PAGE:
In the 1970s, writer (Nebojsa Dugalic) wanders in search of information about his father, Eduard (Slobodan Custic). Intercut with this is Eduard's story, as the railman witnesses the rounding up of Jews and the tumult ...展开of war-torn Serbia. Decision to fit in themes and situations from three disparate books was certainly ambitious. Helmer Szabolcs Tolnai gambled that Kis' approach to kaleidoscopic imagery and elusive narrative progression could be visualized. Character and incident survive, yet even those with an intimate understanding of the work will chafe at the pic's chaos. Tech credits are adequate, with the sludgy monochrome look in keeping with the atmosphere. Lenser Gergely Poharnok won the Hungarian Film Week cinematography award for work on this and the very different look of helmer Kornel Mundruczo's "Delta."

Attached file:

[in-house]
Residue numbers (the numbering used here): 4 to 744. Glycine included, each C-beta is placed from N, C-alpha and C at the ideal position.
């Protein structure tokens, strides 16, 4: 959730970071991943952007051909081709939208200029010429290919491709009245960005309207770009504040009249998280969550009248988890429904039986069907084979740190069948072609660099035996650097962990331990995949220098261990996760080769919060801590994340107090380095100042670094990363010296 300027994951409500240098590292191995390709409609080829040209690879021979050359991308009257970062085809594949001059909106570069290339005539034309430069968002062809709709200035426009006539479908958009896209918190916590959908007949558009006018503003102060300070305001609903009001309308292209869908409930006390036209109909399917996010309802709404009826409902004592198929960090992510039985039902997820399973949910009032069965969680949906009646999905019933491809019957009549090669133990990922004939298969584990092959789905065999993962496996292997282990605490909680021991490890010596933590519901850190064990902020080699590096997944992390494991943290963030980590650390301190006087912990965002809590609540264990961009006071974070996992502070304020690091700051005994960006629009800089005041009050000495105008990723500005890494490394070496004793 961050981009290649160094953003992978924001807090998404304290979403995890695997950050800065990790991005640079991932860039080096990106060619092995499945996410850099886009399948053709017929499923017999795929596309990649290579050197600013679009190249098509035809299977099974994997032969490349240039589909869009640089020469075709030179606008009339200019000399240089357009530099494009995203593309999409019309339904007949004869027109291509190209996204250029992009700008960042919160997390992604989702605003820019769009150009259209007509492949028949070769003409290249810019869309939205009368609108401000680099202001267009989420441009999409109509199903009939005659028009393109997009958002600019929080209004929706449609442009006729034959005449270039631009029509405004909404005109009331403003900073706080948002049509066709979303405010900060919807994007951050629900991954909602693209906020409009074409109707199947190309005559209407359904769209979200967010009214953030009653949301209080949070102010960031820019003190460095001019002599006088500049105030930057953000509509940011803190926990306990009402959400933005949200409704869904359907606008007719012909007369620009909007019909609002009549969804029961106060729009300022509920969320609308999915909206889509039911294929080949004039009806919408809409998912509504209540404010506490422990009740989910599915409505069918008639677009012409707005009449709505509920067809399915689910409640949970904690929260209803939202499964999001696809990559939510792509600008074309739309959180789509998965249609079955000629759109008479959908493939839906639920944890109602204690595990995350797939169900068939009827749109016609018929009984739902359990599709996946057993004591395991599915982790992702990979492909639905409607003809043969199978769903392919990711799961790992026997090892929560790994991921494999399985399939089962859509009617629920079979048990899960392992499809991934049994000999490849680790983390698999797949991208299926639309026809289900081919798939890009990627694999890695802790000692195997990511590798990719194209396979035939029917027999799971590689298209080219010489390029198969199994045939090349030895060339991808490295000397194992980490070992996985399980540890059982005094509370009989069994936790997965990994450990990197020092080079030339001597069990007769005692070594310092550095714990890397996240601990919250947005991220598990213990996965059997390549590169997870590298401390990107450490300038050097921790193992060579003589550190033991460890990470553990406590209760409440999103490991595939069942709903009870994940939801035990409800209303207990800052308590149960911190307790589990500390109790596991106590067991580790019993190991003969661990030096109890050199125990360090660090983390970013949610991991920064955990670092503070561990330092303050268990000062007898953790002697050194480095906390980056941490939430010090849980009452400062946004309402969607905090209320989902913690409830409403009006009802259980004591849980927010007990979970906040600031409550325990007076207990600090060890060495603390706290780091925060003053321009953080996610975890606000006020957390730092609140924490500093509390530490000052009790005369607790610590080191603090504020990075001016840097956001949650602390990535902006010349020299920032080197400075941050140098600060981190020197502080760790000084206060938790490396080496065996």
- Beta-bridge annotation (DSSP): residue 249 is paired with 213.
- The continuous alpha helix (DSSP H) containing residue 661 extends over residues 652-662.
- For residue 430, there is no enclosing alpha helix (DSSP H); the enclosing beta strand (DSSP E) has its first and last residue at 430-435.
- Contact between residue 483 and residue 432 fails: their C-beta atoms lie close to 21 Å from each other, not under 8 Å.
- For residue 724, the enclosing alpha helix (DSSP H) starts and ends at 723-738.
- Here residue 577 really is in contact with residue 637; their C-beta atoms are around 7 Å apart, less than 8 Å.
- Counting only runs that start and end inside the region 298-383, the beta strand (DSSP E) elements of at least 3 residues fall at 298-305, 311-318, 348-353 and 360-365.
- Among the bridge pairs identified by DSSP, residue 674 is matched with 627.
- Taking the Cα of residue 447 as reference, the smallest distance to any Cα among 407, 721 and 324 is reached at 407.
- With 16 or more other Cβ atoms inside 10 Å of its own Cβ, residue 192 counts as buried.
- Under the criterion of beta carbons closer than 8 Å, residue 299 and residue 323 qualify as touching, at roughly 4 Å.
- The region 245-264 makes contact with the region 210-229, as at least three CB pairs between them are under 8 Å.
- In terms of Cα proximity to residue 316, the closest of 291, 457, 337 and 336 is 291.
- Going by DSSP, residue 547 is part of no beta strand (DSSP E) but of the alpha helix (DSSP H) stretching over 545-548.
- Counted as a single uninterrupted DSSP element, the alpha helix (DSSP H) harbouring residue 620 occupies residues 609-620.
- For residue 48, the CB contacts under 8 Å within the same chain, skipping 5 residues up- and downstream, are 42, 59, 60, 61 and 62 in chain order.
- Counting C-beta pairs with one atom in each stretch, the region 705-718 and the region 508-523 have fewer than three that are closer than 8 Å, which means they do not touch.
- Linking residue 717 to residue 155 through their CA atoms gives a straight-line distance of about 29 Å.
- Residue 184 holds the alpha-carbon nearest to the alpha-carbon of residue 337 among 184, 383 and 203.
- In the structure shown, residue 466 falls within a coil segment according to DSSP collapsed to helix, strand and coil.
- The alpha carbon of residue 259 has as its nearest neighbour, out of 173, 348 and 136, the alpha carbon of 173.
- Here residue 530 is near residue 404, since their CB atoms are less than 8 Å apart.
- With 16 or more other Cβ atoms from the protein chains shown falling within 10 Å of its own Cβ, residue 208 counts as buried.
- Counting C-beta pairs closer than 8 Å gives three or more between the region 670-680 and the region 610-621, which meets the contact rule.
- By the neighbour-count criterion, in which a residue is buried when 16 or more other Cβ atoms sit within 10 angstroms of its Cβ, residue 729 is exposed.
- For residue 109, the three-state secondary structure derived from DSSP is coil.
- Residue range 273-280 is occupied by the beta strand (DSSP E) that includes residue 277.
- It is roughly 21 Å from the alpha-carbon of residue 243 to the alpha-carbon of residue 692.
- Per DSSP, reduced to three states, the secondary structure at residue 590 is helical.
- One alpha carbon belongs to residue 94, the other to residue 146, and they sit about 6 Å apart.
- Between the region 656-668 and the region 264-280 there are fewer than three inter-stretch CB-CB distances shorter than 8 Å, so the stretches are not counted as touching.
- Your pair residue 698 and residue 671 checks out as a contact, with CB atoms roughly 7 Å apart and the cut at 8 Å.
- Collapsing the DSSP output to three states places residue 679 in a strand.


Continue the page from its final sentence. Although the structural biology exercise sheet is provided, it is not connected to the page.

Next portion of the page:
The daunting task of adapting Danilo Kis' loose trilogy of autobiographical writings about a train inspector navigating a war-torn, Kafkaesque Central Europe -- and the son who retraces his steps 30 years later -- comes up short in "The Hourglass." Fans of the writer will support the pic on the fest circuit, though commercial prospects are limited to tube sales and ancillary curiosity.